When sitting up a ground blind, it is vital to brush in around it to help conceal the location. Sitting the blind in a more open area, where deer feel comfortable, is also essential.

A blind should not be used in tight situations like where I was hunting. Instead, I returned to that specific location and hung a hang-on treestand more suitable for the terrain.

 

Use A Blind Chair

3 Common Mistakes When Bowhunting Ground Blinds

When humans are not comfortable, it is natural to want to move and twist our bodies—sitting inside a ground blind when hunting can wreak havoc on a hunter’s body if they are not sitting in the proper chair. When sitting in an uncomfortable seat, back and leg pain are common. Add constant movement from trying to get into a more comfortable position to the mix, and it does not make for a relaxed hunt. I sat on a small tripod-style seat for four hours on my hunt. It is obvious now that in doing so, I made an excessive amount of unwanted movement that cost me a harvest.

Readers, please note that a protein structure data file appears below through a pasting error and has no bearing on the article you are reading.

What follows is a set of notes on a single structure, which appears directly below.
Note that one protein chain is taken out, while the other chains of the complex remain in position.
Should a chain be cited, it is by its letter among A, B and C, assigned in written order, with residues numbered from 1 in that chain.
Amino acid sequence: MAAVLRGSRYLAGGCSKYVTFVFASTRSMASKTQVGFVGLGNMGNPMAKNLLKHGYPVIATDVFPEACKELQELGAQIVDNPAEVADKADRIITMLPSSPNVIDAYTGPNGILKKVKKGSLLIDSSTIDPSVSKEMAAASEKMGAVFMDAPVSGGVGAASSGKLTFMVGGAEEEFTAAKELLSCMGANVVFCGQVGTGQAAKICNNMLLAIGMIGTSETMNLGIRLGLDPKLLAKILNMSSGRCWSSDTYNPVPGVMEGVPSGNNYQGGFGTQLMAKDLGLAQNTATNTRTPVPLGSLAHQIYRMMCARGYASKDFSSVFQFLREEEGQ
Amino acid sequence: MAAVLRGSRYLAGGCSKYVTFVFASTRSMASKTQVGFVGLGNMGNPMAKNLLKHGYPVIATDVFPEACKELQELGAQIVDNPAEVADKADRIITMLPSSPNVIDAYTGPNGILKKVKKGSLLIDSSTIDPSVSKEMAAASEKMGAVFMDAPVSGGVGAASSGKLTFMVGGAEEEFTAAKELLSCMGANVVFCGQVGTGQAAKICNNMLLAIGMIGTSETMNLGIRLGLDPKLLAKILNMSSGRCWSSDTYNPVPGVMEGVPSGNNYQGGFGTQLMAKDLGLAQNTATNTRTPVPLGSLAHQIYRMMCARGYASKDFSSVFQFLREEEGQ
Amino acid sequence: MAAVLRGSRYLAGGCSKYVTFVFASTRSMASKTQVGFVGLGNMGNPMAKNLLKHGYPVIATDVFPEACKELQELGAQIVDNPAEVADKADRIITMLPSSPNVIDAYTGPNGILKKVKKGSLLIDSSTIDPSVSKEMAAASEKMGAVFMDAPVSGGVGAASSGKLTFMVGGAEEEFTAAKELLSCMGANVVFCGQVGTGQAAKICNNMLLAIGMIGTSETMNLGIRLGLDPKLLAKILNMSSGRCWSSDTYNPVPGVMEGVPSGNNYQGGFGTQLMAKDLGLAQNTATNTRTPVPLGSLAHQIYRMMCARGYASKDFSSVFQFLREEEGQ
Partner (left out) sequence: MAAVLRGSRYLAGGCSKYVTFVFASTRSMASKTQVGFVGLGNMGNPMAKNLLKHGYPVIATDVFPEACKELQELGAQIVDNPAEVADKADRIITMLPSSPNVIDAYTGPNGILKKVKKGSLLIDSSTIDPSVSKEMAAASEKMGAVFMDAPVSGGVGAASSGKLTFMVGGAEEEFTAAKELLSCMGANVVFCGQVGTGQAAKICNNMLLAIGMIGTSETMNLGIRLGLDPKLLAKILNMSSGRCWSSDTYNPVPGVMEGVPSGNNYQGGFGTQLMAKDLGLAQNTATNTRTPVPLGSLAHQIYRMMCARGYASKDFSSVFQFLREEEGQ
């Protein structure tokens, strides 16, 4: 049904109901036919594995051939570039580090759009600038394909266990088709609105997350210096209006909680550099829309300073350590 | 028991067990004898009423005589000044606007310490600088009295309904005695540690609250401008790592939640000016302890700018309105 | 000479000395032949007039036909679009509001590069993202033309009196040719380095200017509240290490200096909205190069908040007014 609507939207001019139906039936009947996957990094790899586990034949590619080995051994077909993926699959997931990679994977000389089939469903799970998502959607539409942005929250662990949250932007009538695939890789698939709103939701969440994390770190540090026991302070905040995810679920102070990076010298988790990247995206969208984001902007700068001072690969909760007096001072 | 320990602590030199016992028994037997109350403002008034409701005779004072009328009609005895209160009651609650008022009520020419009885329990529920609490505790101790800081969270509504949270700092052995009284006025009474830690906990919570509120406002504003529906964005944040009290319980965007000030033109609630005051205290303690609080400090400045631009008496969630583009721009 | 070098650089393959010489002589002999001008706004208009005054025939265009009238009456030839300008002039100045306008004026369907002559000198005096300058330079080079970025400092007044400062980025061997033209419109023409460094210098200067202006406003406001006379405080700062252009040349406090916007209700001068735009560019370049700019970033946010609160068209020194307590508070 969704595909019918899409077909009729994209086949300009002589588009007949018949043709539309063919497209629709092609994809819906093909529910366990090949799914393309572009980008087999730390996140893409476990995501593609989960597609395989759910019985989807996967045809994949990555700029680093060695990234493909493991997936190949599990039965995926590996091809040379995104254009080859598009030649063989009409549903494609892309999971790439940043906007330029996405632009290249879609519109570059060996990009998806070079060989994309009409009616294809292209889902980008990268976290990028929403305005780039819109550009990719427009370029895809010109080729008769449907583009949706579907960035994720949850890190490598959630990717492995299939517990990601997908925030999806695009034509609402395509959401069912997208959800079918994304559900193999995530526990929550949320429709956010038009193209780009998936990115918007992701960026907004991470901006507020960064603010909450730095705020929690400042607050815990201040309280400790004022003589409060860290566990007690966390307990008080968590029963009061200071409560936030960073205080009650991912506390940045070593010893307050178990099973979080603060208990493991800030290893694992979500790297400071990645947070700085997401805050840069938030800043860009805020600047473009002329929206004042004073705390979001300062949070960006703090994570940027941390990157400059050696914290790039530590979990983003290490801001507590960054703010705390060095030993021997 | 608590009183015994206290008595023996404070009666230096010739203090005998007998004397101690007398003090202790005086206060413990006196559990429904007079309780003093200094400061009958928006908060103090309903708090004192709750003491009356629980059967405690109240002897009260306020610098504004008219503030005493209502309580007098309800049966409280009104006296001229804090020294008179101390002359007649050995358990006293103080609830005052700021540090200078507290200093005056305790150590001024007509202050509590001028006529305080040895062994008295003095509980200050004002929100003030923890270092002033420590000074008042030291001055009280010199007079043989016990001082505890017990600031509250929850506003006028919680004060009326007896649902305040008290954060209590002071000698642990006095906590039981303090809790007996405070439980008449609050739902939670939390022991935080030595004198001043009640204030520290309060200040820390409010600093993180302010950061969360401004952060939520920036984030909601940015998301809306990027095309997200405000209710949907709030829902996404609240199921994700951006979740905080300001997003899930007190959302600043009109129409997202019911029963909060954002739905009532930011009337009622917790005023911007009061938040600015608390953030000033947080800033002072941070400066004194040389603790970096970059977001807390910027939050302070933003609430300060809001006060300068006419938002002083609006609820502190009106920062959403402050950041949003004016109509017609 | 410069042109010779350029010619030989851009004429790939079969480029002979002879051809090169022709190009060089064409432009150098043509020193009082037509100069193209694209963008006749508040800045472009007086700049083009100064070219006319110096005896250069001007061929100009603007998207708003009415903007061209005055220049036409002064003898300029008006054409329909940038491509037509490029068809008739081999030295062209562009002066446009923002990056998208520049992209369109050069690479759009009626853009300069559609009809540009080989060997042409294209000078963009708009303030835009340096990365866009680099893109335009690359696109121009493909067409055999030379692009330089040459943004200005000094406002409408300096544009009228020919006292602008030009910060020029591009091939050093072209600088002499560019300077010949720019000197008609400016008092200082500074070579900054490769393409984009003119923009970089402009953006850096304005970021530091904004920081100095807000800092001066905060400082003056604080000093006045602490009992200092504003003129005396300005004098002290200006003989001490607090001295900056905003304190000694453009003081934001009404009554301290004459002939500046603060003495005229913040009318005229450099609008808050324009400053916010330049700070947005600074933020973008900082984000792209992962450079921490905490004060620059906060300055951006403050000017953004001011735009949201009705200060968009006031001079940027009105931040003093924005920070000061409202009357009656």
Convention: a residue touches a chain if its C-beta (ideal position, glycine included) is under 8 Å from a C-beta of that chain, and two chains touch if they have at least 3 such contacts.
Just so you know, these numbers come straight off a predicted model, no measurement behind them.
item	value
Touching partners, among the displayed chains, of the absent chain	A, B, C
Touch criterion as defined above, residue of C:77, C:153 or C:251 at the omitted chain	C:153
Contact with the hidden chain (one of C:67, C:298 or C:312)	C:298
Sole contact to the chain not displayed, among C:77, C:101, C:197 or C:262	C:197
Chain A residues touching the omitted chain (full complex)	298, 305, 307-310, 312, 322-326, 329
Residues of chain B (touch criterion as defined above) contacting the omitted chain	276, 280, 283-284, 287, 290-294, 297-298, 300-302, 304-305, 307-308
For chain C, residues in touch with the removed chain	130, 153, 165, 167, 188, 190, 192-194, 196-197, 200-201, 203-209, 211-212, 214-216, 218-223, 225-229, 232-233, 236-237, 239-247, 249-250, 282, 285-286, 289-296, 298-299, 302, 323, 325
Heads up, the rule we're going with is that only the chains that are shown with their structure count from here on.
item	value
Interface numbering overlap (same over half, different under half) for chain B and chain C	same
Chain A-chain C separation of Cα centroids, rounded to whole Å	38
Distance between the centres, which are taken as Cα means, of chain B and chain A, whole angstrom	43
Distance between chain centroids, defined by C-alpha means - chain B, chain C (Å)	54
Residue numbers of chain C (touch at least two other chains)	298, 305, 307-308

Using a more comfortable chair that is designed to hunt inside of a blind is a must when bowhunting. A blind chair such as the Muddy Swivel-Ease XT Ground Seat is ideal for the hunter to sit comfortably for an extended period. Padded armrests, a large seating area, and 360-degree silent mobility provide the hunter with less movement and the ability to hunt quietly until that monster buck comes into close range.

 

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Scent Control 101

Scent Control 101

By: Heath Wood

 

As a young teenager, my obsession with hunting grew with each passing day. Like many other small-town boys and girls, I spent the late summer watching hunting videos in hopes of learning more about harvesting a mature buck.